We live in an on-demand world. Novel innovation techniques and next-generation technology platforms have radically reshaped supply chains in many industries — delivering the convenience, simplicity, speed and immediate satisfaction that consumers now expect. The on-demand platform economy is already disrupting publishing, retail, transportation, music, banking and financial services and logistics.
Healthcare is next.
The healthcare on-demand economy will empower consumers to choose healthcare providers and services based on convenience and personal criteria vs. the rules of a third-party gatekeeper or health insurer – accelerating price and quality transparency in healthcare. Freed from the confines of proprietary PPO and HMO provider networks, consumers will shop for an array of competitively priced wellness and medical services offered by the ever-increasing supply of primary care providers, specialists and ancillary service providers choosing to practice healthcare via consumer-to-business (C2B) on-demand platforms.
As primary and specialty care services become accessible through Internet-enabled care, virtual care or self-care, healthcare costs will drop. On-demand, virtual visits simply cost less — a lot less: reportedly, 40% of the cost of the average primary care physician (PCP) visit and 26% of the average urgent care visit.
Venture capital investment in on-demand healthcare is rising rapidly, making it one of the fastest growing on-demand segments. At the same time, healthcare is one of the most active segments of artificial intelligence (AI) investment. Add in the estimated $20 billion worth of annual investments over the next five years in technologies that enable mobile health and virtual care, and a very different healthcare ecosystem comes into view in the not-too-distant horizon: Reports indicate Amazon already is gearing up to create some form of healthcare-on-demand platform.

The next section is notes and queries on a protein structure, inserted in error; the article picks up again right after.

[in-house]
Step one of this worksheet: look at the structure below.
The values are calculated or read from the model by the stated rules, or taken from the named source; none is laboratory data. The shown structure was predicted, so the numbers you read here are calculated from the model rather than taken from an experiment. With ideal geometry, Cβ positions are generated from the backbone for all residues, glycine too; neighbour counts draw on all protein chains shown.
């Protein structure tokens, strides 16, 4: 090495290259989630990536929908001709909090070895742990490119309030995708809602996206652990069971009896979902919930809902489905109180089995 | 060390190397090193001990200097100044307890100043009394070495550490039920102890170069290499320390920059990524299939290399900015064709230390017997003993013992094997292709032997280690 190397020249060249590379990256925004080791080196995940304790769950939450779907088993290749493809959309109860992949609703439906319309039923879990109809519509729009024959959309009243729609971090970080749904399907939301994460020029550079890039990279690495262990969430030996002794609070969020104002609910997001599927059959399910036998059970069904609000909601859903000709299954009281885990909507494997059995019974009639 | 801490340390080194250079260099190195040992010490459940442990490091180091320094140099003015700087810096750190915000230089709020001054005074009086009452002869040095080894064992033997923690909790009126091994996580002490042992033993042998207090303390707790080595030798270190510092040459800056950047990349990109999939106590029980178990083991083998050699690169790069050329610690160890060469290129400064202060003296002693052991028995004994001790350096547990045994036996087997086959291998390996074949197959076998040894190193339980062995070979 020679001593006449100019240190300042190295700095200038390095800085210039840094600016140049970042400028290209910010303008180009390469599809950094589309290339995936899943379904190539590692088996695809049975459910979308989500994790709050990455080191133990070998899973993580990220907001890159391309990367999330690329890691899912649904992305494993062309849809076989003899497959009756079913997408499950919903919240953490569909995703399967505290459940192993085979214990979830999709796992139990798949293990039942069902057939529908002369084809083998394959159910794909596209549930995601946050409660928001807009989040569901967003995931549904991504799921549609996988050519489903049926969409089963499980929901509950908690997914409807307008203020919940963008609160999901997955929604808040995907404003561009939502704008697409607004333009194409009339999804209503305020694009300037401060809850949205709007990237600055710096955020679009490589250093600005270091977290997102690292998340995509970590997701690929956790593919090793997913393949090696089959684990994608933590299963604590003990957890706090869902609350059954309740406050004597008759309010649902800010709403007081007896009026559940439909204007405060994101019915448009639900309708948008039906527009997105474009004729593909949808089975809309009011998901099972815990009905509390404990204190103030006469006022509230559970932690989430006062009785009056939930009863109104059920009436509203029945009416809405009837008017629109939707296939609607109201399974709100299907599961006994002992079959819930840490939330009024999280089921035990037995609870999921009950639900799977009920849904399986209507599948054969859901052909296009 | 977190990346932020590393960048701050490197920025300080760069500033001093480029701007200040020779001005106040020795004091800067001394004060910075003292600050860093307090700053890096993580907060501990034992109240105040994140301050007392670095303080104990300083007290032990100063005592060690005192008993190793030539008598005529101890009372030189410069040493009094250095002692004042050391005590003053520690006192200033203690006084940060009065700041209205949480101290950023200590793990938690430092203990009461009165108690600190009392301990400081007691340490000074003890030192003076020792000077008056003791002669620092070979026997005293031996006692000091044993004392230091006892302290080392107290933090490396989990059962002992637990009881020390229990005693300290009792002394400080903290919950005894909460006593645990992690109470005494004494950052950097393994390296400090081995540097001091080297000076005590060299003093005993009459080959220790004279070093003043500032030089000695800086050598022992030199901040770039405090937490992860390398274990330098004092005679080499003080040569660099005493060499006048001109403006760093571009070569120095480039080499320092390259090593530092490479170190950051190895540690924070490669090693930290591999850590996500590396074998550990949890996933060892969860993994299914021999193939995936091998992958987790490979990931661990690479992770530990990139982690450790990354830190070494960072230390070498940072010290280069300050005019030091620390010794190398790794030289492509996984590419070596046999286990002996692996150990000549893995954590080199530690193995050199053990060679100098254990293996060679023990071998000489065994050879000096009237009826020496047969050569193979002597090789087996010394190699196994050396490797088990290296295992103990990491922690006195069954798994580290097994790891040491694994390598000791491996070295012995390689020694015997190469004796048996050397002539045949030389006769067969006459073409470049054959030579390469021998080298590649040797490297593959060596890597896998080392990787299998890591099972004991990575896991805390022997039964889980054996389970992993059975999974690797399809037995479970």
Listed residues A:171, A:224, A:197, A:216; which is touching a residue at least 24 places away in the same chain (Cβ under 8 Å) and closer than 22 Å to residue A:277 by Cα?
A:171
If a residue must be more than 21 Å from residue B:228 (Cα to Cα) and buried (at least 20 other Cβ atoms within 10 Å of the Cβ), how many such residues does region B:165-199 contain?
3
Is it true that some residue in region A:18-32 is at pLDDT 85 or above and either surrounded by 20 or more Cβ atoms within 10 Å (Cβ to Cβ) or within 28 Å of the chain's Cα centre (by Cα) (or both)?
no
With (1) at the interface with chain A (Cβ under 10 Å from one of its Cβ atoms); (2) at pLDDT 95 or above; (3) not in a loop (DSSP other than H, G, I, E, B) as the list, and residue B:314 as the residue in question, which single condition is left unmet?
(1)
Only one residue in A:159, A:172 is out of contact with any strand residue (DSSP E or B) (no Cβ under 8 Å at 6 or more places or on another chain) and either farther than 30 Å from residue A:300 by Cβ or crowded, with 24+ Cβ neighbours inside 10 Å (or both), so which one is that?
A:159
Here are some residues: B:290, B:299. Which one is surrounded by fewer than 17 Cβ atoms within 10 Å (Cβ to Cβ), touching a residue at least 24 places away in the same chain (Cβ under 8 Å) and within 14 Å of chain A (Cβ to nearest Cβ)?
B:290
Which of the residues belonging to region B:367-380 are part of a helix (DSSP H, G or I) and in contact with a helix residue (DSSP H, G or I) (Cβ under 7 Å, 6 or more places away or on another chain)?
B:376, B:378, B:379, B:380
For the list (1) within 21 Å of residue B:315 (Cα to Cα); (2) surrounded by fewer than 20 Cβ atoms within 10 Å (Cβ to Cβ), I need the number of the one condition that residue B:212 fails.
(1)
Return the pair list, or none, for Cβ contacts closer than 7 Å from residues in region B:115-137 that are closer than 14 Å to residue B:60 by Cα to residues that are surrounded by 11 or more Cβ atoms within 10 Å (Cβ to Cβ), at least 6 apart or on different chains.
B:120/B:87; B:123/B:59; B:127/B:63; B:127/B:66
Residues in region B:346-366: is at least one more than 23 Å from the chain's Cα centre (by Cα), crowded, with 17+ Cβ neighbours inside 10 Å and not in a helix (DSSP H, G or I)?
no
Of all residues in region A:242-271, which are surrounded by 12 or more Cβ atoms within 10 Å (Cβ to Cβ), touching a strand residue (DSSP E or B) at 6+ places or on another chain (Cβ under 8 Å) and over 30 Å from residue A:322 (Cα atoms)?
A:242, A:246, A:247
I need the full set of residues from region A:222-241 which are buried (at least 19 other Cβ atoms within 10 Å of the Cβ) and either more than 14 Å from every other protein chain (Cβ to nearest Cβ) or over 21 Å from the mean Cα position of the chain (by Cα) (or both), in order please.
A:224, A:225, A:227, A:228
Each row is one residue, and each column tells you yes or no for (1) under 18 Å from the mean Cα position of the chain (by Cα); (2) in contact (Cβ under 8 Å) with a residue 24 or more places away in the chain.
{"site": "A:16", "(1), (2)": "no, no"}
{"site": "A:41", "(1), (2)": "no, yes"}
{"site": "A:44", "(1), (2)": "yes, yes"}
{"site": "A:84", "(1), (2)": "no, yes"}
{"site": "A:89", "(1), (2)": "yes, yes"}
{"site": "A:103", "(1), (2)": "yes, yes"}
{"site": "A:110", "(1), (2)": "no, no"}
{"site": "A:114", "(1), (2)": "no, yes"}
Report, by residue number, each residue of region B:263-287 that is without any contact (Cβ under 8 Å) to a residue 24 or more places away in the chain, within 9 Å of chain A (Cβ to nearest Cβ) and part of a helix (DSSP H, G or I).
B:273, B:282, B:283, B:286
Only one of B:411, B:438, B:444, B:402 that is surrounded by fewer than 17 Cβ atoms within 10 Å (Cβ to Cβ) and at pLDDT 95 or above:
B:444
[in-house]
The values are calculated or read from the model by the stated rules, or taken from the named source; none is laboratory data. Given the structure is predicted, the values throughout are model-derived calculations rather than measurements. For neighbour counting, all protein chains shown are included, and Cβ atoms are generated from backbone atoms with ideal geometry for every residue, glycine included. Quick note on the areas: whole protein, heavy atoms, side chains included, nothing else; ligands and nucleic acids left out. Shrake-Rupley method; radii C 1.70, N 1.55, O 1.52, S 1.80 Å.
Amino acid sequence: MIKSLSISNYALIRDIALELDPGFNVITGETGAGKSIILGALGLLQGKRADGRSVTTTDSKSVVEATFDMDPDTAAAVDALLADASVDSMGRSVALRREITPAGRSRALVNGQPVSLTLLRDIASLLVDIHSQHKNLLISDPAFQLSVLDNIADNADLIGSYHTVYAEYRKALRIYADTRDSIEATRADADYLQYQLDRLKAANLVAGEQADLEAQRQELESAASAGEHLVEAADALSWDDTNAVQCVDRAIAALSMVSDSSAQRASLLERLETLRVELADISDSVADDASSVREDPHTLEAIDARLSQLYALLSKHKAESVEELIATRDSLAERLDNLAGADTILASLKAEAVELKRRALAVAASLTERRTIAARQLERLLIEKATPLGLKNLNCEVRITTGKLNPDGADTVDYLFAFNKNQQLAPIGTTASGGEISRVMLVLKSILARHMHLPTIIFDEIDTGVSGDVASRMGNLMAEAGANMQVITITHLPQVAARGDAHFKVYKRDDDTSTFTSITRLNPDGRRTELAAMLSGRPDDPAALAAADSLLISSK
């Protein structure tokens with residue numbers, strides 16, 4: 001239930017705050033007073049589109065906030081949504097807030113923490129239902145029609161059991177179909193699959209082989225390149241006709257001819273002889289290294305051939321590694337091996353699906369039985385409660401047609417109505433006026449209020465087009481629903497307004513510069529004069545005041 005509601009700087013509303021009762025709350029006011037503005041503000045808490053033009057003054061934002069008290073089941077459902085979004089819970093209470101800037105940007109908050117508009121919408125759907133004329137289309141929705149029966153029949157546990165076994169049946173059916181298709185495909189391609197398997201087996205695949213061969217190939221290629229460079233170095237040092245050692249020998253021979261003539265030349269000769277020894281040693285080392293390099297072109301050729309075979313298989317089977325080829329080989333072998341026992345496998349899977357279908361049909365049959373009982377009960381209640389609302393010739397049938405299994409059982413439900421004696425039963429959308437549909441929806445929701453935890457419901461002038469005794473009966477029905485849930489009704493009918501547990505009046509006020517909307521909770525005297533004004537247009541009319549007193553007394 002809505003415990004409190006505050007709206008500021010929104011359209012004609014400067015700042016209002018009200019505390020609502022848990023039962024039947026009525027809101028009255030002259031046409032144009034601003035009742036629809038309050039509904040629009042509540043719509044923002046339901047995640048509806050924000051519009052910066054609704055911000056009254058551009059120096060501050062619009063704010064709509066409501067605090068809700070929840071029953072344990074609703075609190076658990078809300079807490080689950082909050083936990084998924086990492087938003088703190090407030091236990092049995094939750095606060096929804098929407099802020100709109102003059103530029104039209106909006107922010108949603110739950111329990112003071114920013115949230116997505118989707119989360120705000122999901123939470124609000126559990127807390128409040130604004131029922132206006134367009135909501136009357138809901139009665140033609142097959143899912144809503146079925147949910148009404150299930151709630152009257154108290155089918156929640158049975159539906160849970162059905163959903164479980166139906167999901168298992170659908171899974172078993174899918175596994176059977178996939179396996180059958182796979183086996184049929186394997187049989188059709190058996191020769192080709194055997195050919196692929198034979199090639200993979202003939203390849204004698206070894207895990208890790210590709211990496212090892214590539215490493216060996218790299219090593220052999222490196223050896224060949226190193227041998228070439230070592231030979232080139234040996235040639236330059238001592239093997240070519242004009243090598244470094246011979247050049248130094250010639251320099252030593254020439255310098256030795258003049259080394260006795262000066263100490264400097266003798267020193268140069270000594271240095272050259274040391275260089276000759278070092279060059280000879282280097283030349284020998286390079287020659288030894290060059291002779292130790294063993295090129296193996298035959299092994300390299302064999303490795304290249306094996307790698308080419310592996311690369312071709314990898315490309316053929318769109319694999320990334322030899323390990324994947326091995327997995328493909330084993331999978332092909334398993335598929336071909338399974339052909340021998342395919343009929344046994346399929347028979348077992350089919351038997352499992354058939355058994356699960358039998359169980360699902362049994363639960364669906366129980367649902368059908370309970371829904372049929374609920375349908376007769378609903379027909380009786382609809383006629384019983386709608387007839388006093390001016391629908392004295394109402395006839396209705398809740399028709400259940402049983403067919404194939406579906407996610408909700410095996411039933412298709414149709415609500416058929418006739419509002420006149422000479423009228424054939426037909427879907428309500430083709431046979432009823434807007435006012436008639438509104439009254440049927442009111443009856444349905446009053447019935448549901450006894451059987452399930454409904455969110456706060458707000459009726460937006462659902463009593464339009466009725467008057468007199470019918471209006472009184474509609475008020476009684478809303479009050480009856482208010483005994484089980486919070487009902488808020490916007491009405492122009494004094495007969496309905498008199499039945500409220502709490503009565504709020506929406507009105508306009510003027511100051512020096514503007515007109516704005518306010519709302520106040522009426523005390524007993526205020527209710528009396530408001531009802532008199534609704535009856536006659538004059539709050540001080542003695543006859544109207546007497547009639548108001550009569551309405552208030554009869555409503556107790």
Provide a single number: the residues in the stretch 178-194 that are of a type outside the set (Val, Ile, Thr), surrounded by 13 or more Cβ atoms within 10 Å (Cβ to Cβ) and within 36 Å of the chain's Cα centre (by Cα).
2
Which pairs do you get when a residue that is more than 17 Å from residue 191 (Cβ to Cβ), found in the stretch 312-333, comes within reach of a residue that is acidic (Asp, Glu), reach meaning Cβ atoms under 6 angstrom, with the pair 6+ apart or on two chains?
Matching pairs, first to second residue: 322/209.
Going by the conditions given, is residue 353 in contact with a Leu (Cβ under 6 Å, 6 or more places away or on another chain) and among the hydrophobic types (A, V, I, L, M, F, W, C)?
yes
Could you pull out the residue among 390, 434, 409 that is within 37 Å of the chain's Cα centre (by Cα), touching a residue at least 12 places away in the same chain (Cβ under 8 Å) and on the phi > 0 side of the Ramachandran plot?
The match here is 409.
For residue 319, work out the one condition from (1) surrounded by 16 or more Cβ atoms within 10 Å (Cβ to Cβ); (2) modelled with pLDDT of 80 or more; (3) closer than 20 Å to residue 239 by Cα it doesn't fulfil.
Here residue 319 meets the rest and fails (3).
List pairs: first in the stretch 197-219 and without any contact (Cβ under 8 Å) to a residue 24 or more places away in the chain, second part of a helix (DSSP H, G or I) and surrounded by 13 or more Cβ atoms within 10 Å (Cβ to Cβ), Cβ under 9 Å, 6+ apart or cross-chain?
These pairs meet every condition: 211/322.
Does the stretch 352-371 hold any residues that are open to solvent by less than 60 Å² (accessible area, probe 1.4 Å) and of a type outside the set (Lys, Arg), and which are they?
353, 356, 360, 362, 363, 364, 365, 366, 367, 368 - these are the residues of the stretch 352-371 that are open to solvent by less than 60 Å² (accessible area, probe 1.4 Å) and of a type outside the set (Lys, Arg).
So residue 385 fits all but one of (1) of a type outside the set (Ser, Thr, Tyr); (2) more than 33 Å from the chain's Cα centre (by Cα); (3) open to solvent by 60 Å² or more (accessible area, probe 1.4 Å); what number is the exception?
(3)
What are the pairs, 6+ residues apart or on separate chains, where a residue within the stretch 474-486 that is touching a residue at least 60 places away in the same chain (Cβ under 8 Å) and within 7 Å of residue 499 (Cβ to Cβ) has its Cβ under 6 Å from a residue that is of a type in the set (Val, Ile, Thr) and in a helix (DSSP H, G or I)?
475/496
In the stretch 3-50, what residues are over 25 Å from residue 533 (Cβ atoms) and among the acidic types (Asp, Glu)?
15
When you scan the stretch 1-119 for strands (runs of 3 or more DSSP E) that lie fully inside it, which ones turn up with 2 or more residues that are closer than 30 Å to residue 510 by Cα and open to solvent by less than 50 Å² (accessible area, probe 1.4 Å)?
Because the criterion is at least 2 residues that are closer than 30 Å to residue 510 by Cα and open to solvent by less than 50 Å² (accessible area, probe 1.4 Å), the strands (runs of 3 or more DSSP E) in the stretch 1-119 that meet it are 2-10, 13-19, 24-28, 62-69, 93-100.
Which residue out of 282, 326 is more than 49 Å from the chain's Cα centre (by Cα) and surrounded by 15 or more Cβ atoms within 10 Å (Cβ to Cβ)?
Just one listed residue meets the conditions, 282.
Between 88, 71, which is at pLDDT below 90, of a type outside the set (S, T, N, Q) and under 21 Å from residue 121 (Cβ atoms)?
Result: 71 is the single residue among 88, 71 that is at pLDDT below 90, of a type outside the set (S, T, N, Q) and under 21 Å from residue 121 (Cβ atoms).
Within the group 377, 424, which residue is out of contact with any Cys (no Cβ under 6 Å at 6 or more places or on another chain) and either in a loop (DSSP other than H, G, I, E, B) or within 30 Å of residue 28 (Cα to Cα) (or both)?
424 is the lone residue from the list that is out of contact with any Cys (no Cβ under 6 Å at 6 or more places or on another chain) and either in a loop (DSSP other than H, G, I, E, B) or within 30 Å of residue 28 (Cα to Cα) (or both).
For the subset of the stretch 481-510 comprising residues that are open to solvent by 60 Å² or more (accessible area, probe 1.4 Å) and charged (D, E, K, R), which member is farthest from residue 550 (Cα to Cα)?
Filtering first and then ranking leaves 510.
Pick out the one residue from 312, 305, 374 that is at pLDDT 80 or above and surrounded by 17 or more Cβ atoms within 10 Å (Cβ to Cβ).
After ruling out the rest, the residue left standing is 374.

Emerging Business Model Archetypes for the C2B On-Demand Economy
We conduct future-mapping and forecasting exercises with some of our most strategic clients to envision how these trends could reshape — and potentially disintermediate — the traditional health plan value proposition. As traditional value propositions are disrupted and new players enter the industry, health plans will need to reassess and refine their business models.
We have identified four alternative business model archetypes in our future-casting strategy sessions. Organizations should not target one model over the other; in practice, organizations are likely to blend these models and adopt hybrid approaches based on their market positions, the populations they serve and the competitors they face.
Archetype: Become the On-Demand C2B Healthcare Platform Provider
As the industry enters the on-demand economy, one business model option for health plans is to leverage their existing investments in digital technology assets and platforms to create a game-changing on-demand platform. The platform would help power the new digital healthcare marketplace connecting producers and consumers.
Archetype: Insurance Powerhouse – Back to the Future
If trends diminish the value of managed care networks and preferred pricing arrangements, then health plans should consider returning to their pre-managed care origins and pursuing a classic insurance model of benefit design, risk management and underwriting. These entities will serve consumers and businesses with bundled and unbundled offerings for life, property, health, auto, long-term care and other insurance needs. With the economies of scale necessary to better manage profit and loss across multiple lines of business, these companies should have the flexibility to take creative approaches to health-related insurance, going beyond catastrophic care policies with health savings accounts and creating personalized policies targeted to very specific market segments.
Archetype: Integrated Delivery Model at Scale